Note: This observation is meant to provide additional perspective on the reports Conor’s group, and MWAC forecasters, have already submitted (thank you to both teams). Given the thoroughness of said observations this will be written in narrative form and you can find precise details by reading through the other reflections.
On Sunday (2/22/21) morning my group of AIARE L1 students met in the Pinkham Notch parking lot to discuss our plans, goals, and the routes that would be a good match for the day’s learning objectives. After reviewing the weather forecast, and avalanche hazard, for the the day, we discussed a number of travel options, but ultimately decided to skin into GOS. One of the important variables influencing our decision to travel into GOS was the lengthy discussion we had about the accident (and subsequent rescue) the night before resulting from a long sliding fall. This information, plus numerous observations from trusted sources reporting icy conditions, even in moderate terrain (by Mt. Washington standards), resulted in a group consensus that we would keep our slope angles low. It should also be acknowledged that one group member spoke up at the end of our meeting and said “let’s keep it simple today.” This statement would be repeated a number of times at various decision making points.
We arrived at the base of gully #1 (aka main gully) in GOS at 11:15 and stopped to eat food, hydrate, and enjoy the beautiful weather. During our break we discussed three potential plans for the remainder of the day. Option a) move into the base of either gully #2 or #3, b) remain in the wooded flats below the first aid cache, or c) ascend the broad ridge dividing gully #1 and the south snowfields. Because there were already groups at the base of gullies #2 and #3, and we still had time and energy to move higher into the terrain, we chose to ascend the heavily treed ridge until we reached a predetermined flat spot/bench in the terrain that is out of the way of known avalanche paths. While gearing up to climb higher we noticed a party of five skiers/riders cutting across the same terrain we were headed towards. They were using this particular terrain feature to gain access to the lower part of gully #1. Not wanting to be underneath them while they descended, we decided to remain where we were and watched them descend until the entire party above us was off of the slope.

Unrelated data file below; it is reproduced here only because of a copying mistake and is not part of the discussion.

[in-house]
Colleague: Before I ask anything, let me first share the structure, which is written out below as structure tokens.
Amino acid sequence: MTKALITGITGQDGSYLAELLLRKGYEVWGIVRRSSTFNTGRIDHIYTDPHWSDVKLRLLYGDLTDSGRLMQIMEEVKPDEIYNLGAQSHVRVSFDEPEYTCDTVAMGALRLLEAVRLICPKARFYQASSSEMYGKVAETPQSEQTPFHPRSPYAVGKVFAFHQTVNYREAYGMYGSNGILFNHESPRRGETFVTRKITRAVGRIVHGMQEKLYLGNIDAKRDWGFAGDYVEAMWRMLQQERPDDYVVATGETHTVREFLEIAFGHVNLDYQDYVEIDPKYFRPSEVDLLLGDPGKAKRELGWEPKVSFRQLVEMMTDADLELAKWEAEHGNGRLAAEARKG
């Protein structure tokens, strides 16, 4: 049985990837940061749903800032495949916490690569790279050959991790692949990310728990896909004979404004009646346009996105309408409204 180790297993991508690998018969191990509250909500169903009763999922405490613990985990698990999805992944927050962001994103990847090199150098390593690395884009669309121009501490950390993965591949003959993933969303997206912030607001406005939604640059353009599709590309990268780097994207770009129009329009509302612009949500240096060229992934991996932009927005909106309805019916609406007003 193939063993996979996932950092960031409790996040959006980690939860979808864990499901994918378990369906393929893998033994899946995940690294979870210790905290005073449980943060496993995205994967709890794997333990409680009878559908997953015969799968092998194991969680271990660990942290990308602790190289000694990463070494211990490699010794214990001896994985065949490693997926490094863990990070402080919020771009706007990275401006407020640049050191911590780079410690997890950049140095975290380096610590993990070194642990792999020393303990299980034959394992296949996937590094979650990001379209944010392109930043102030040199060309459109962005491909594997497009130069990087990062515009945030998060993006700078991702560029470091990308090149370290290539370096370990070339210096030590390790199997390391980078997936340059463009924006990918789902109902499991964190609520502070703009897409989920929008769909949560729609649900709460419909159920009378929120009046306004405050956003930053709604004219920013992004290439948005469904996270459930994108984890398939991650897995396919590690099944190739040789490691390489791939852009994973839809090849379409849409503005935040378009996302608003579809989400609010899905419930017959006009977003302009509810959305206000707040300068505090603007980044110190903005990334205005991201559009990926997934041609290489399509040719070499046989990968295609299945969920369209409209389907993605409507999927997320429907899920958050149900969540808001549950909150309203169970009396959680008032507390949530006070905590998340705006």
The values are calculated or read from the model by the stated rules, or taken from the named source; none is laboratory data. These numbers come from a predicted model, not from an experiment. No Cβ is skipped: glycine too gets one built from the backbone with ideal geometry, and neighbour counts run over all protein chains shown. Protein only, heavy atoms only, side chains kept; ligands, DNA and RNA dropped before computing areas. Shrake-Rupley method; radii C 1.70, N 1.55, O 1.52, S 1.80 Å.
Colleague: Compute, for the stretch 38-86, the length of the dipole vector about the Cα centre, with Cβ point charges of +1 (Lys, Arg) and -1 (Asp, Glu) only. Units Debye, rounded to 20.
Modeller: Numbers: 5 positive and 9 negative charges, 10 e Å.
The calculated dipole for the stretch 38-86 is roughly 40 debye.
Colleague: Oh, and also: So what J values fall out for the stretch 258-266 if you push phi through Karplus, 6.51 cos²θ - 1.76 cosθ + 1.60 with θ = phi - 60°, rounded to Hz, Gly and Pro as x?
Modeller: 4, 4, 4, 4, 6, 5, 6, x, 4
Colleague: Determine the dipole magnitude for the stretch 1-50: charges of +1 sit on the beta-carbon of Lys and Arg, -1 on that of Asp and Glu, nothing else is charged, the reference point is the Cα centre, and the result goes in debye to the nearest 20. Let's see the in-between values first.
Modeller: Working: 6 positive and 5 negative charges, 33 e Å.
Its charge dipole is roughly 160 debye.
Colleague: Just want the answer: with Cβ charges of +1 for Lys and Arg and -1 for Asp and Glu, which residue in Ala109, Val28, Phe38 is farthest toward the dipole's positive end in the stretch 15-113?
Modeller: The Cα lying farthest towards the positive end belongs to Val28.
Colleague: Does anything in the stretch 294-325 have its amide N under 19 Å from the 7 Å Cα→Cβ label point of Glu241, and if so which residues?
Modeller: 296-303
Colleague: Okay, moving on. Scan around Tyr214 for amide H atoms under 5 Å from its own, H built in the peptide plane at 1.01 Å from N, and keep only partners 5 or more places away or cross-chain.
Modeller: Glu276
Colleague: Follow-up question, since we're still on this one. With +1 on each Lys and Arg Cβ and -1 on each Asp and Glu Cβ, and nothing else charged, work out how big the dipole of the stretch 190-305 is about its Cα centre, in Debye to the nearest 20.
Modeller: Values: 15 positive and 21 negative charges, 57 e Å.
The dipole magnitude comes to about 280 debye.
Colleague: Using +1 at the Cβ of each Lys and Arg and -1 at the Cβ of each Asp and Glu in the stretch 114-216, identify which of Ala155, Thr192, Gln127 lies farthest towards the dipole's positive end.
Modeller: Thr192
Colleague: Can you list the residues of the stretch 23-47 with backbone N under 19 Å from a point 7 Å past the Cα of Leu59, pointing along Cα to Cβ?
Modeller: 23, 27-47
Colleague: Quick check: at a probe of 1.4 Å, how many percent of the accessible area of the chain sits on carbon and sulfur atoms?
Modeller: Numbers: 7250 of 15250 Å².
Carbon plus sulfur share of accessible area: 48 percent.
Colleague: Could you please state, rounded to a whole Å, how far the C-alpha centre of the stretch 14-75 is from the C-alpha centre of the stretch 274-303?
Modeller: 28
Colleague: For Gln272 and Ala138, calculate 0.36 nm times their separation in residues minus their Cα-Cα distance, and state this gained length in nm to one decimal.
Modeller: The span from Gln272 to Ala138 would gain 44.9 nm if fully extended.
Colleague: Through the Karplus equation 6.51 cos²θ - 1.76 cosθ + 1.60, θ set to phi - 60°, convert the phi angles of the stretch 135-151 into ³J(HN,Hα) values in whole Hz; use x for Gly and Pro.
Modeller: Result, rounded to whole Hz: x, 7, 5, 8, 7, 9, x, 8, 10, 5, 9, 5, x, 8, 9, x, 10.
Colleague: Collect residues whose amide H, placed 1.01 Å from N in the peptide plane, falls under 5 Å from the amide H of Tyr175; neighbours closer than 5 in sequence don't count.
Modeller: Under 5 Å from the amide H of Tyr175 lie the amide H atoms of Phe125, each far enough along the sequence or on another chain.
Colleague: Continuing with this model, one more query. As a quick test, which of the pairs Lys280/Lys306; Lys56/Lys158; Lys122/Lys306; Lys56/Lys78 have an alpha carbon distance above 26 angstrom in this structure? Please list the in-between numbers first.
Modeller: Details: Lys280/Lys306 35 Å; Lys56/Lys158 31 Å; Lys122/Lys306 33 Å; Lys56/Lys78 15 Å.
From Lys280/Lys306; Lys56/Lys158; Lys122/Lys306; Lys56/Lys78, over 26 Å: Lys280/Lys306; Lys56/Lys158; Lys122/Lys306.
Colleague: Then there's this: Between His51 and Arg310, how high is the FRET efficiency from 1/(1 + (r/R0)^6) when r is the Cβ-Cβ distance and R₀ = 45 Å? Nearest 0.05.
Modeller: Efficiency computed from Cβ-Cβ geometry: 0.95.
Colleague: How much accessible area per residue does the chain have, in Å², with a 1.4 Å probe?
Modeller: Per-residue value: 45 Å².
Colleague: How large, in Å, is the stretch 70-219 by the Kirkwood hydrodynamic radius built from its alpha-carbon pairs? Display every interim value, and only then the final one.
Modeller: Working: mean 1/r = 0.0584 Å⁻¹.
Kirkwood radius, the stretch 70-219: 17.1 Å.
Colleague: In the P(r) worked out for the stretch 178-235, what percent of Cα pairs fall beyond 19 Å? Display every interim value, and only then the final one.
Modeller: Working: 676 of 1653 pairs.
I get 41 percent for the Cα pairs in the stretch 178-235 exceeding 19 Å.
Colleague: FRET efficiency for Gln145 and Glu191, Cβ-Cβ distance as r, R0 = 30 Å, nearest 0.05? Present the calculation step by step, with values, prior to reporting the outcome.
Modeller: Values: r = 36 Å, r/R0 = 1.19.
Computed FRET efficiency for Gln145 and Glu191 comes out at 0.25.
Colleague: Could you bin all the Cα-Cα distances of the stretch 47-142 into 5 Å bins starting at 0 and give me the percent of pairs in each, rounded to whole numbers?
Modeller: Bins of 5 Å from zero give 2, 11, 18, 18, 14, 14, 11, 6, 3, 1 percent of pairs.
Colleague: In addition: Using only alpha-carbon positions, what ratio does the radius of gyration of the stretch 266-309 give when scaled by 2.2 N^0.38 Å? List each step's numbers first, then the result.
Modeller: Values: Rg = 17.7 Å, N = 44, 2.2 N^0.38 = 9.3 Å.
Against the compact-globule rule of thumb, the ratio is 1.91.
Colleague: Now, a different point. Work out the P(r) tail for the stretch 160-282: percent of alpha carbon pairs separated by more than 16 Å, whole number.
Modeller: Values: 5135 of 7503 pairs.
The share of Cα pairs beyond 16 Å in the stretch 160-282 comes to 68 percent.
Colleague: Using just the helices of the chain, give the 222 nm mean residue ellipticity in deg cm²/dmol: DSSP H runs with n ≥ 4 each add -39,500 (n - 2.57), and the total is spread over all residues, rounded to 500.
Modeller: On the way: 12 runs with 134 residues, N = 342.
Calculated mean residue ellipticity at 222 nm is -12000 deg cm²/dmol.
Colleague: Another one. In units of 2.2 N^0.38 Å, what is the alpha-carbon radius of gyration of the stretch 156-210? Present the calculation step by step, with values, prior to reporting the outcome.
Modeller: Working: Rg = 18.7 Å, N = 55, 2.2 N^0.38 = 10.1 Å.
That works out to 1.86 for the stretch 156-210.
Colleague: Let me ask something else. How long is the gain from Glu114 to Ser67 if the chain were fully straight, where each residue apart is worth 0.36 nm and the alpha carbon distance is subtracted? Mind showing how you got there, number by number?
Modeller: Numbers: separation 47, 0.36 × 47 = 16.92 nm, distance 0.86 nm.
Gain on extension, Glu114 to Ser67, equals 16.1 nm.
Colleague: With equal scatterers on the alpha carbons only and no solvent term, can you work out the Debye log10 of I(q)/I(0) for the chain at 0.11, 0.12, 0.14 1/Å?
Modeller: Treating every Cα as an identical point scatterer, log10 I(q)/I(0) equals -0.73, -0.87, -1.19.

We ascended through the trees and onto the open small ridges below the south snowfields at roughly 11:45. Before climbing the generally well placed skin track the other two groups (note: this was the first time we saw the group that would ultimately trigger the avalanche) had established, we stopped and had a quick discussion about where we intended to go and how we wanted to get there. Our aim was to a) avoid ascending via gullies (terrain traps), and b) cut back into the woods before the slope angle increased. Again, the previously established skin track met these goals. At 12:15 I climbed over a small terrain feature and observed the recent avalanche and the party of four adjacent to the slide. I tried shouting and whistling once but did not receive a response. I paused to observe their movement and behavior and it quickly became apparent that they were trying to get off of the slope and weren’t conducting a rescue. Once our group reassembled we made note of the recent avalanche and I stated that we would skin up the small ridge as we had intended, however, at a specific point the class would move into a safe spot in the trees on the ridge while I traversed over to the group that had triggered the slide. It is important to note that we had the benefit of radio communication between myself and another member of the team should anything in our plans, or the environment, change.
Once I reached the toe of the slide I yelled back up to the group to see if they needed help. They replied that they did not. However, I stayed where I was to a) gather observations and b) have a more formal and thoughtful discussion with the skiers. The first skier reached me and reaffirmed that everyone was ok, and shared honestly about the events and decisions leading up to the avalanche. After our conversation I rejoined my class and the party of four skied down. We debriefed the incident, reviewed pit digging guidelines as well as strengths and limitations, practiced conducting and interpreting extended column tests, and then descended the low angle terrain back to the GOS trail. It is important to note that in our tests, just like the one conducted by the group that triggered the avalanche, we observed a variety of results. Similarly, I personally conducted a number of hand shears on different aspects that yielded similarly varied results. Thus, as is common in our terrain, what one finds at the top of a line is often very different than what exists in the middle of the line, or at the bottom. From an interpersonal perspective, this means that we must respect the inherent unknowns of sharp end decision making. We are complex organisms, moving through complex terrain, and across/through a medium that is constantly changing. This isn’t easy and often the best risk mitigation tool is to “keep it simple.”
After descending through the trees and back to the rescue cache below gully number one, we quickly regrouped and enjoyed a fun ski back to Pinkham Notch where we debriefed the course.